Conclusions Possible explanations for differential survival in association with morning vs afternoon dialysis include salutary effects of sleep in the morning or less efficient biochemical exchange during afternoon dialysis. Results from this cohort study may warrant prospective observational studies and randomized clinical trials that systematically alter the time of day at which HD is administered.

Figures in this Article

Every year in the United States, more than 300 000 patients receive treatment for end-stage renal disease (ESRD) and incur an annual mortality rate of approximately 20%.1 Most patients receive in-center hemodialysis (HD) throughout the course of their illness, customarily in the morning or afternoon. Few data suggest that the time of day when HD is performed has any functional consequence for patients undergoing the procedure. In this study, we present data from a well-characterized cohort of elderly HD patients for whom differential survival was associated with HD temporal variation and was independent of obvious medical or demographic factors that might otherwise have explained this relationship.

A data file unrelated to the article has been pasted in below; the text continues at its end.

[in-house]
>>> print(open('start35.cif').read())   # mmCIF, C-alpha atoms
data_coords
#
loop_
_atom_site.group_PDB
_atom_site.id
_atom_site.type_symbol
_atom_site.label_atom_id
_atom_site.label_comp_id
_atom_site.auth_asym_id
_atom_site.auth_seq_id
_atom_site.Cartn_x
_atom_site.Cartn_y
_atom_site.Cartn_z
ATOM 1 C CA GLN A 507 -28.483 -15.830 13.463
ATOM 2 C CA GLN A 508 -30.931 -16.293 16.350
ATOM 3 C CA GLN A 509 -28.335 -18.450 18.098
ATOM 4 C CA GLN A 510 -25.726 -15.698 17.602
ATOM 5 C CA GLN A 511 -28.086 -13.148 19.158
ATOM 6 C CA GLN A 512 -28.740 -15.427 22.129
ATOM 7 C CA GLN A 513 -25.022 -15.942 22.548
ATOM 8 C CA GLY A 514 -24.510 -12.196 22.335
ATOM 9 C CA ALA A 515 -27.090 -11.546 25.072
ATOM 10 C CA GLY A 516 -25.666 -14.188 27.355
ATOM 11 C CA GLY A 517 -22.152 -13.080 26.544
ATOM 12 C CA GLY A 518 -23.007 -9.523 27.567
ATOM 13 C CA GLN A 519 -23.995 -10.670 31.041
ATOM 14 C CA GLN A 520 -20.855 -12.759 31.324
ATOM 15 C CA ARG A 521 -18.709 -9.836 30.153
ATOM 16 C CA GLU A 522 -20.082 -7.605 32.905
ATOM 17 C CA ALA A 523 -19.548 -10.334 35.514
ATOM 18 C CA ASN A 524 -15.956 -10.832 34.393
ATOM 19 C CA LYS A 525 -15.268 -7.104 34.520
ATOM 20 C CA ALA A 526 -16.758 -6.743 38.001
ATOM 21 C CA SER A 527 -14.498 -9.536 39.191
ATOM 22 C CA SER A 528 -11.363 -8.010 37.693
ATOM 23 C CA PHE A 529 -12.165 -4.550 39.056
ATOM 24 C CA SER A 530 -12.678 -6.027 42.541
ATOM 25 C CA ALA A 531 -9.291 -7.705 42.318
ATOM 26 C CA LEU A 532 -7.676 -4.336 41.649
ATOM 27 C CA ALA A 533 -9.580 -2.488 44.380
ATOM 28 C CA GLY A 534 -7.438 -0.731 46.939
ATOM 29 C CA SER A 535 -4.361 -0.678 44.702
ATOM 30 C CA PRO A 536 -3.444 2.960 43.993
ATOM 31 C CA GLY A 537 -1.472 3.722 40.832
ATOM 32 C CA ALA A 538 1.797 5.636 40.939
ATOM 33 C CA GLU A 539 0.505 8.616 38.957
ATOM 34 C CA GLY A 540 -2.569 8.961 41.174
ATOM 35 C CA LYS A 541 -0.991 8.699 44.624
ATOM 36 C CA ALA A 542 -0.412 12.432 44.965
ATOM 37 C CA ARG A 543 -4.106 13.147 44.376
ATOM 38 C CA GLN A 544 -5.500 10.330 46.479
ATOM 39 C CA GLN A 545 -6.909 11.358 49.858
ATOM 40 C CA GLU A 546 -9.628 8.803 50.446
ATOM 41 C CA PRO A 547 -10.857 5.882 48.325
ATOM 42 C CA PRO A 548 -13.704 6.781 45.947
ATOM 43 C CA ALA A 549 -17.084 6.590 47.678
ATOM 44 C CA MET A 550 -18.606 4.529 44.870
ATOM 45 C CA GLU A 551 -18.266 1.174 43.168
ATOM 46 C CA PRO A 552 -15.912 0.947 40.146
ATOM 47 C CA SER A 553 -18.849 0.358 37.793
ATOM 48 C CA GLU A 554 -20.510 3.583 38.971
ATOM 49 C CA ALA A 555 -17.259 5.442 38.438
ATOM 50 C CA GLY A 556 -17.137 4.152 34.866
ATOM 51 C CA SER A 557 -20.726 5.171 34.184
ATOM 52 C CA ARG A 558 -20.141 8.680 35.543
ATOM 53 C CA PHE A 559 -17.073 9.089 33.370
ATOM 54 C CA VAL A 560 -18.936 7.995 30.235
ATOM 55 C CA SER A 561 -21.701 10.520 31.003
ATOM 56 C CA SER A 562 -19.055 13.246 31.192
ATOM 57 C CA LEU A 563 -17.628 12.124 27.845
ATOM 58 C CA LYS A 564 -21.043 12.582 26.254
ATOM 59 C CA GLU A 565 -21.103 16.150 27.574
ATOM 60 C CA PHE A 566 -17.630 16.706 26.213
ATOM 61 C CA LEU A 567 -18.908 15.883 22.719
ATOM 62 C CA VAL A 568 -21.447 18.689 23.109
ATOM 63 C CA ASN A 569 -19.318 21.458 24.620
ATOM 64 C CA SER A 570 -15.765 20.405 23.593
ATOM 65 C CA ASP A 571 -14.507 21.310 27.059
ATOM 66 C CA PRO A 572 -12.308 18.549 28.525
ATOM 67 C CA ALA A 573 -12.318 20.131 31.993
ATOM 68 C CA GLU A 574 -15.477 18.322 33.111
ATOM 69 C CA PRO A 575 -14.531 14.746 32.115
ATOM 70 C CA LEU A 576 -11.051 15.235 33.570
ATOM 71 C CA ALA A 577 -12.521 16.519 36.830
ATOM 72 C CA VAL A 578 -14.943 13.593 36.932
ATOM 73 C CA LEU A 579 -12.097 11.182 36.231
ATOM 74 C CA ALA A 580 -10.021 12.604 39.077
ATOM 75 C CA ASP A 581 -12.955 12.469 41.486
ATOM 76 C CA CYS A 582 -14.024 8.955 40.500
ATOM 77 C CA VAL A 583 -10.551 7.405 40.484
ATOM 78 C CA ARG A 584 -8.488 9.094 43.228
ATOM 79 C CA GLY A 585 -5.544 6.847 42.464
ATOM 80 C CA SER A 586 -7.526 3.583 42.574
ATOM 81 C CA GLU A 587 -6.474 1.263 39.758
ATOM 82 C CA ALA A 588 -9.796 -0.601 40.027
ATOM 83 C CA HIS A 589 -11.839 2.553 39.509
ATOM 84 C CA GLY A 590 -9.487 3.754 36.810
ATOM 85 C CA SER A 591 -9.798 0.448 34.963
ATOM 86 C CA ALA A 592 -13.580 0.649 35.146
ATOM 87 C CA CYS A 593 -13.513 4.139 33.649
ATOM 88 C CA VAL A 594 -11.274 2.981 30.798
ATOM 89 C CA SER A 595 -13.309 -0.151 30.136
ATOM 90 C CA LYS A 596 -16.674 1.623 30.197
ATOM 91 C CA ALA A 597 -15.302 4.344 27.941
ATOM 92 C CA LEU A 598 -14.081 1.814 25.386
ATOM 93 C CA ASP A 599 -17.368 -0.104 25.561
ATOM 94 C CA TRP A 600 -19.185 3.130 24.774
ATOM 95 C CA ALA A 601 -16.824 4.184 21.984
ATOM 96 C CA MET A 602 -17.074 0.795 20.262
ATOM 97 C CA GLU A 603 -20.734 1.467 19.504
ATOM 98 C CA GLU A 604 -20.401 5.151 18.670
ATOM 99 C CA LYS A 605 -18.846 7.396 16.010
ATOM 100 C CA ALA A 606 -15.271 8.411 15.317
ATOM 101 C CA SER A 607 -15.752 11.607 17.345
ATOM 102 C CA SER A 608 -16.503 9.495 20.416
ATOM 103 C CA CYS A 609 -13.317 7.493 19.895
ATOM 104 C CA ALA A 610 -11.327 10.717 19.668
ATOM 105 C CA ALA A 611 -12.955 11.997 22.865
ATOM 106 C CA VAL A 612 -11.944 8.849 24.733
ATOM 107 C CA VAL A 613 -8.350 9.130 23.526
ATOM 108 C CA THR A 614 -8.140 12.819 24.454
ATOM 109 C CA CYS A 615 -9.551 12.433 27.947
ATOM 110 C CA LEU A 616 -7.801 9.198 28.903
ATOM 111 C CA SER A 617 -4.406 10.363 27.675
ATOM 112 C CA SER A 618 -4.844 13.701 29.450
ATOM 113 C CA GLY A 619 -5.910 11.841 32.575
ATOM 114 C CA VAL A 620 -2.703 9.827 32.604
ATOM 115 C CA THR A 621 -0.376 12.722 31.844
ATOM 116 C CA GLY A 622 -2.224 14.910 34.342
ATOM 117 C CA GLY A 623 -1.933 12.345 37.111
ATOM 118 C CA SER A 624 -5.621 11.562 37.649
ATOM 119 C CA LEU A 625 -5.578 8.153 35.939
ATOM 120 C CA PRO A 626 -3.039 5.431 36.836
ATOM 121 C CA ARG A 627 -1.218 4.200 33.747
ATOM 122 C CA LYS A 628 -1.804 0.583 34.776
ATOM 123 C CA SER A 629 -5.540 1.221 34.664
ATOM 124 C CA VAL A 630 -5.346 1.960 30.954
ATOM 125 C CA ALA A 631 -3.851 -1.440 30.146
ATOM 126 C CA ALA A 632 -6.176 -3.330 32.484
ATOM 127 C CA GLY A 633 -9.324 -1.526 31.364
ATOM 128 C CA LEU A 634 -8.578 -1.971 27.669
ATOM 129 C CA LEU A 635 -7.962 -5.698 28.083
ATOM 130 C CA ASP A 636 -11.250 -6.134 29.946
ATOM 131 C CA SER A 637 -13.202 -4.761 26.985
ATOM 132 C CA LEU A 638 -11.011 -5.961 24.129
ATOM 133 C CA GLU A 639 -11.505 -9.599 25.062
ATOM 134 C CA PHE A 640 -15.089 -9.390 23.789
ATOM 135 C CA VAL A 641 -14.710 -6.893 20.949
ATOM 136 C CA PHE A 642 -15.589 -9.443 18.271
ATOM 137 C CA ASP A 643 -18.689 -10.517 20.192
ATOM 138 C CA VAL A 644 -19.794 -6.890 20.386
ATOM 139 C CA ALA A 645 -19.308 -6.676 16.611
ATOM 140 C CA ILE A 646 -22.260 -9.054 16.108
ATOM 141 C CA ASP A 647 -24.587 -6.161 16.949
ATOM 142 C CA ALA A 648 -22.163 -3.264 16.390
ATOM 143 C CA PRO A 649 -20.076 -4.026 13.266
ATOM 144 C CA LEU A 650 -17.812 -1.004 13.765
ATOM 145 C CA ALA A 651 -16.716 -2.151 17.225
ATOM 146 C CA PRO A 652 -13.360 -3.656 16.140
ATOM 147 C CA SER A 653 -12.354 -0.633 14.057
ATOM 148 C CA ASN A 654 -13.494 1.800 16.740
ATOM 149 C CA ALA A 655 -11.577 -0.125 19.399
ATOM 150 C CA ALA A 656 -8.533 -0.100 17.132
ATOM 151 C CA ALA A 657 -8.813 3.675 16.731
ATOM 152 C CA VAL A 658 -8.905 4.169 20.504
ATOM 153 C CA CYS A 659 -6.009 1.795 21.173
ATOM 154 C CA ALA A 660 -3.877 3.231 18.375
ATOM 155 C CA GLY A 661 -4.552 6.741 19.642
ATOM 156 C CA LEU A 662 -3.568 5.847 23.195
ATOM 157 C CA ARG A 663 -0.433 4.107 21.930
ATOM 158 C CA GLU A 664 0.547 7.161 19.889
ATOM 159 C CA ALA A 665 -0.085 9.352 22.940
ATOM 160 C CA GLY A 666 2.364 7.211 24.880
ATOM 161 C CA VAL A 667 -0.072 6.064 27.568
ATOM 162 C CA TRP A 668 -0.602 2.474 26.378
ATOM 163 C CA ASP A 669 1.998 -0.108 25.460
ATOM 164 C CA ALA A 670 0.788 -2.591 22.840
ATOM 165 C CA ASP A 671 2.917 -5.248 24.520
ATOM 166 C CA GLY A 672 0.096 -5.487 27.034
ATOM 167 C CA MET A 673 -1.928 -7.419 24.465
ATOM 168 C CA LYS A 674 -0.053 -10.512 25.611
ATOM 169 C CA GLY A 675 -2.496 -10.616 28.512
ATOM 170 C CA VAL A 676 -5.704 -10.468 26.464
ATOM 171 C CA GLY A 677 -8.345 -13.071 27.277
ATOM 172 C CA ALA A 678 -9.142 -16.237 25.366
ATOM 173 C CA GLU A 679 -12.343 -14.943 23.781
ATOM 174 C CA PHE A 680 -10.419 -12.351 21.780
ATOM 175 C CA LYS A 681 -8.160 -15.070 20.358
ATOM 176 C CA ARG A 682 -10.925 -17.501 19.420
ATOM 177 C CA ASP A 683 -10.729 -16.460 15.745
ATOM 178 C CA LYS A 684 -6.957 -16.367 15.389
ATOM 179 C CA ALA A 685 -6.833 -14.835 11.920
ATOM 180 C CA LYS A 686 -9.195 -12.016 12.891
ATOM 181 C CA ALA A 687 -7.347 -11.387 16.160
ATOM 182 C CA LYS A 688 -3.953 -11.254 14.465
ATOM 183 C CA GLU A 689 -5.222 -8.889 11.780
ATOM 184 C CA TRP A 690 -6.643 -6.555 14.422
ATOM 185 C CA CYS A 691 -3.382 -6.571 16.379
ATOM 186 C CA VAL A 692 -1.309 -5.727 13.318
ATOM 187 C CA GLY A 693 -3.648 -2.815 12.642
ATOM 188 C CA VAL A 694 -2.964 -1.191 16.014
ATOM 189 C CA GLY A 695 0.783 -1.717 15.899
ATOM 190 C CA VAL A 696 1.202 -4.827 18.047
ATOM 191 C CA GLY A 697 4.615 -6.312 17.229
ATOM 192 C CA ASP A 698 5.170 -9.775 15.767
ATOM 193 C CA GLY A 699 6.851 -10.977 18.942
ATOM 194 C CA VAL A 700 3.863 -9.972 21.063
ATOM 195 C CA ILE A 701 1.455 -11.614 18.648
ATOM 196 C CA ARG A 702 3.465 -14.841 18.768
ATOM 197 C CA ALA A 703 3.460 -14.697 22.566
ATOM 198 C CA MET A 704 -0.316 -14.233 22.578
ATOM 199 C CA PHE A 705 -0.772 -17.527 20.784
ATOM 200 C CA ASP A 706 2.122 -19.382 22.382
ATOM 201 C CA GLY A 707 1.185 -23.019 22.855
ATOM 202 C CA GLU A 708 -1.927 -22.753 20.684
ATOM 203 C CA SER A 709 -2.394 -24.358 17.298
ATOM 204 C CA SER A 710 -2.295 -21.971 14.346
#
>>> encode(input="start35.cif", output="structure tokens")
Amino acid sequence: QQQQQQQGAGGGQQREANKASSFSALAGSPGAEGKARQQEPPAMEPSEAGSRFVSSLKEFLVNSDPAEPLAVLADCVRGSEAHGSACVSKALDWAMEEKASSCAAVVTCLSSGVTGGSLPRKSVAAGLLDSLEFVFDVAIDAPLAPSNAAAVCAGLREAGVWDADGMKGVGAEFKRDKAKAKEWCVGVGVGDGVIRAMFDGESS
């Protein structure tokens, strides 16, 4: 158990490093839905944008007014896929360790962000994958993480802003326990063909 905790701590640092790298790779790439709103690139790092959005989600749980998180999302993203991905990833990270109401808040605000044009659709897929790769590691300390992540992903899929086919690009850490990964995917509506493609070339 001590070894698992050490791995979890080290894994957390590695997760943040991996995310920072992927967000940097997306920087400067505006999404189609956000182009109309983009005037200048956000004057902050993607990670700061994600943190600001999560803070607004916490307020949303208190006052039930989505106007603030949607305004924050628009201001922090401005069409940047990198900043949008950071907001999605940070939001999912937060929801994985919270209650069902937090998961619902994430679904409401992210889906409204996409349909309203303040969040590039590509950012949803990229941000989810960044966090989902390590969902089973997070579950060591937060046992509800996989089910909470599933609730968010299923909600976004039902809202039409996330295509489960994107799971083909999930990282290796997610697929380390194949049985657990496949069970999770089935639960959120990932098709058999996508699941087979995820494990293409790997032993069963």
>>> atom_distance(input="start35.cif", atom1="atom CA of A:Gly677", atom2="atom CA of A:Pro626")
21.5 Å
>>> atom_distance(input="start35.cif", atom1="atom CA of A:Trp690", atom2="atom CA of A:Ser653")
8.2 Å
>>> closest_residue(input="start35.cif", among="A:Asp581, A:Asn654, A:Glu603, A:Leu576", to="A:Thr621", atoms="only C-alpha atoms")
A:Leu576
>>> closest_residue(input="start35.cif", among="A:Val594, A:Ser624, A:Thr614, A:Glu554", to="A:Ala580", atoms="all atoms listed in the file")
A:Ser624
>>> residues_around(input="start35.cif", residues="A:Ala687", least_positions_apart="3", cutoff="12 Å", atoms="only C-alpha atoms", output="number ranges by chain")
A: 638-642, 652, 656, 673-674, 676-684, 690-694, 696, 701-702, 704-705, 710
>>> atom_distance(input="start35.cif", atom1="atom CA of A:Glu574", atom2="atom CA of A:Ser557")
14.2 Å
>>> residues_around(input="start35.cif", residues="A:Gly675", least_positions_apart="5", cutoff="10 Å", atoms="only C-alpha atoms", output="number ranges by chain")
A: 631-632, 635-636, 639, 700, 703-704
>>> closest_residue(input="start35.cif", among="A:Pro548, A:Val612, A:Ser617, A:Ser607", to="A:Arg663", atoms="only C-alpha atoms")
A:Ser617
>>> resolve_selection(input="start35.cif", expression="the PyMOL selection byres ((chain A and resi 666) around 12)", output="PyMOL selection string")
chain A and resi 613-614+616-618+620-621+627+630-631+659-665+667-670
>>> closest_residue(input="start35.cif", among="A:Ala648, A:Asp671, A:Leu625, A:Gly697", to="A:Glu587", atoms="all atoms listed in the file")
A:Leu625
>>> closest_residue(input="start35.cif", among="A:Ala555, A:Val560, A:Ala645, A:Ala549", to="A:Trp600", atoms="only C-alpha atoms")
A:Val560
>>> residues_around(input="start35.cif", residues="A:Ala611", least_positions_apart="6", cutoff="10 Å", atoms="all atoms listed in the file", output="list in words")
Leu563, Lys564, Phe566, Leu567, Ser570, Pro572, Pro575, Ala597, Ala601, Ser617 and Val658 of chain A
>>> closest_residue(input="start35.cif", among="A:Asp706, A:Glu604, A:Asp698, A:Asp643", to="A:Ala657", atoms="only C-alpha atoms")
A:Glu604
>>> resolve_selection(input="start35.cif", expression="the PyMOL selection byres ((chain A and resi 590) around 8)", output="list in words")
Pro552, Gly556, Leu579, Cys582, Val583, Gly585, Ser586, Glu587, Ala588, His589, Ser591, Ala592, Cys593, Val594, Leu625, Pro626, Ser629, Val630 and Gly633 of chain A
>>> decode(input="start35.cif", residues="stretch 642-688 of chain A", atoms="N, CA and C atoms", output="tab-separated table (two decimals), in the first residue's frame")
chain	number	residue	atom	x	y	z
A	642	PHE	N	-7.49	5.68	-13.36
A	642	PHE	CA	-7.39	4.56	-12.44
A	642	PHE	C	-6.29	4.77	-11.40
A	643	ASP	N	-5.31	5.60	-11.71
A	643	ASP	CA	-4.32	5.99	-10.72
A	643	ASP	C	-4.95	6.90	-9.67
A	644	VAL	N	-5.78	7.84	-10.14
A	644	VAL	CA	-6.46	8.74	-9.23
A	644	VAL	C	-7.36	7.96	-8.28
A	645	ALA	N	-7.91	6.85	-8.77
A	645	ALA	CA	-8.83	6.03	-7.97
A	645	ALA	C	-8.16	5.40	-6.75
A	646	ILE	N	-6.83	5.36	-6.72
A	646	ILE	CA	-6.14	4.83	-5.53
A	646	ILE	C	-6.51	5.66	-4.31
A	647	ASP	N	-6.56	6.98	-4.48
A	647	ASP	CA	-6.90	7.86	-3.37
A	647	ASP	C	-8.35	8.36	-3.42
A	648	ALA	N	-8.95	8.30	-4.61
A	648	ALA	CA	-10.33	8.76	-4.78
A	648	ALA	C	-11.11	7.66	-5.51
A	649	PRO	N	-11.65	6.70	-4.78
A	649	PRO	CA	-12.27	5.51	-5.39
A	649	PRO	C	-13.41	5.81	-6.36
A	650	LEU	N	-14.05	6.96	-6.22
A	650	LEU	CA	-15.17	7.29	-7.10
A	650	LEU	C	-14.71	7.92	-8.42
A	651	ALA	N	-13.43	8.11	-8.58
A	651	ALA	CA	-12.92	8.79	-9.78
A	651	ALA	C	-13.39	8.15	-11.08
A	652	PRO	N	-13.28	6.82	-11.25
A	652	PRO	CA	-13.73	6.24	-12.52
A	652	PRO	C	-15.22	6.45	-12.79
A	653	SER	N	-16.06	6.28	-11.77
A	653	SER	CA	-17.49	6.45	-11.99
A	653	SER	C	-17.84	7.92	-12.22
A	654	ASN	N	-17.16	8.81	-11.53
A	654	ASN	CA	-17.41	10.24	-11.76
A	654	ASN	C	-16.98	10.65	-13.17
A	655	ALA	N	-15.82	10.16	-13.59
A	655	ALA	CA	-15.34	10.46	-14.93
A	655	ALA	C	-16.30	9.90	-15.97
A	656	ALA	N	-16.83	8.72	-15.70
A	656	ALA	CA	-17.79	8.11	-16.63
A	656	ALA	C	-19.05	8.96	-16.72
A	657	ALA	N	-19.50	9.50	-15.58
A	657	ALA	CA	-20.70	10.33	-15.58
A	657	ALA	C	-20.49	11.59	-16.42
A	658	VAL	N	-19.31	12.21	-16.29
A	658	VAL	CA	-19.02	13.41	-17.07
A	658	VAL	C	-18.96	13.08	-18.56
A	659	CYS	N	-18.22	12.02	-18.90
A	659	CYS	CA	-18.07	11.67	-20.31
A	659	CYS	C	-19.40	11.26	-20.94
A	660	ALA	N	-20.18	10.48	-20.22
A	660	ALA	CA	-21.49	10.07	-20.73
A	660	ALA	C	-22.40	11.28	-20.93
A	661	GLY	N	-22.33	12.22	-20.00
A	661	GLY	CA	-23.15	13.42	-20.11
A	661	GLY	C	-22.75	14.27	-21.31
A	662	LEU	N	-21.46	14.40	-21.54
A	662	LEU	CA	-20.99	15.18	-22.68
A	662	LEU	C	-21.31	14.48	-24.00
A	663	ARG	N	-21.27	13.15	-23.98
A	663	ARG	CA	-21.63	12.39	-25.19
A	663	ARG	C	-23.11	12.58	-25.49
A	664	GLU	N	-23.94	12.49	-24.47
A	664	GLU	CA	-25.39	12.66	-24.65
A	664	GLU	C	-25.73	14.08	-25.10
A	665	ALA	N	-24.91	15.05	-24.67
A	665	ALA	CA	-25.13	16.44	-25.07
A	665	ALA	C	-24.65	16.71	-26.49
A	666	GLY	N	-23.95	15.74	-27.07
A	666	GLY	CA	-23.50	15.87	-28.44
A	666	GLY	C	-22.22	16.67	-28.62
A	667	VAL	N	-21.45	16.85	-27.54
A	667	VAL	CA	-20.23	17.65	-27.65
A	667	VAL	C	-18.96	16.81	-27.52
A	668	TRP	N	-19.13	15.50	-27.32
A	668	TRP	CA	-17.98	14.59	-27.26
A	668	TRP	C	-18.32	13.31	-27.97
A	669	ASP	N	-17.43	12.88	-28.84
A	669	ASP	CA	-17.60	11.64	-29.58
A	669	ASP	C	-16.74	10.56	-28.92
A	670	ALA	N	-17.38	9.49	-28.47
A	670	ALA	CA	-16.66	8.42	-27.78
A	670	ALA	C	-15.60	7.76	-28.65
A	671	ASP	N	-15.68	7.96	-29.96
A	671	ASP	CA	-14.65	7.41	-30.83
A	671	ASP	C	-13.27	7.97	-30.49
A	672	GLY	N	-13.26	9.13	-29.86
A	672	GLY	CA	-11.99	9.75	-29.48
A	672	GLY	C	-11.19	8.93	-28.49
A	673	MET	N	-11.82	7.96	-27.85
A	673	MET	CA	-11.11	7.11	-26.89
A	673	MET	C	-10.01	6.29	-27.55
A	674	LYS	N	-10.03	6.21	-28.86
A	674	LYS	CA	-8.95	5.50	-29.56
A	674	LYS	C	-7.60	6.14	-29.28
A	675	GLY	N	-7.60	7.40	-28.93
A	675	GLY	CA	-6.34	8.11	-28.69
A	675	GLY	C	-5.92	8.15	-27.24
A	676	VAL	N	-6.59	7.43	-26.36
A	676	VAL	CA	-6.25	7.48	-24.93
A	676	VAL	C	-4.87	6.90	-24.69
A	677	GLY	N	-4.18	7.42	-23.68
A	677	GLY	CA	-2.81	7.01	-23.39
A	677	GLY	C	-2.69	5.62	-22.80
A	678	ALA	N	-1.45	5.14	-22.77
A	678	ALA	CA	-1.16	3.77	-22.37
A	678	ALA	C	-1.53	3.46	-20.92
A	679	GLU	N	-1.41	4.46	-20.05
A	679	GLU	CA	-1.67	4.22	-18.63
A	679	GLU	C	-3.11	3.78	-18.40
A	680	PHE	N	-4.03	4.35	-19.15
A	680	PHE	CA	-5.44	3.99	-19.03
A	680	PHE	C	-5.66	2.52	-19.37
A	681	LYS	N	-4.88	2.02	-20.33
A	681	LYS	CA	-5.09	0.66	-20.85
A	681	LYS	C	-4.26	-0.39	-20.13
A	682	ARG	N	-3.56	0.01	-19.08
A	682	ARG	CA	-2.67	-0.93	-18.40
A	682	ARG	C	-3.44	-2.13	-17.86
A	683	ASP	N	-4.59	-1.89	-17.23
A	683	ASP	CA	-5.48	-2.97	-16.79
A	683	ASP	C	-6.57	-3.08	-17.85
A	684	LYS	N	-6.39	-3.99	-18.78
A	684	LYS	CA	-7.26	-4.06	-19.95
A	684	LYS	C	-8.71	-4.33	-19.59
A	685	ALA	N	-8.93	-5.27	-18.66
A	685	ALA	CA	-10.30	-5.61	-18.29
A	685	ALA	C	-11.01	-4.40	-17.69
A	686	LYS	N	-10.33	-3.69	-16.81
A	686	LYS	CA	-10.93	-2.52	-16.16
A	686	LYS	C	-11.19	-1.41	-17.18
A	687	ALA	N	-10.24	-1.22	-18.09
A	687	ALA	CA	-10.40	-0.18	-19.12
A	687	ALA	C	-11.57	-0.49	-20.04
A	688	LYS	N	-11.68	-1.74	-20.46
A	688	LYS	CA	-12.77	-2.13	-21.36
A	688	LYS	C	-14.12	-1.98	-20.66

Patients

This study comprised 242 HD patients who were members of a previously described cohort of 349 elderly ESRD patients receiving chronic dialysis at a baseline interview in 1988.26 Complete derivation details about the parent cohort were reported earlier.6 Patients were randomly derived from a stratified sample of all Georgia patients who were aged 60 years or older and were registered in the ESRD Network as of November 1987.5 The ESRD Network is an administrative unit of the Health Care Financing Administration, now the Centers for Medicare and Medicaid Services, which manages ESRD Medicare in specified geographical areas. Stratification was based on race (white or black), sex, and residence (urban or rural). Selected patients' demographics (age, race, sex, or primary ESRD diagnosis) did not differ from those of the total population of dialysis patients aged 60 years or older in the Georgia ESRD Network. Patients were affiliated with 58 dialysis treatment facilities across the state. All patients gave informed consent before entering the study, which the Emory University Medical School Institutional Review Board approved.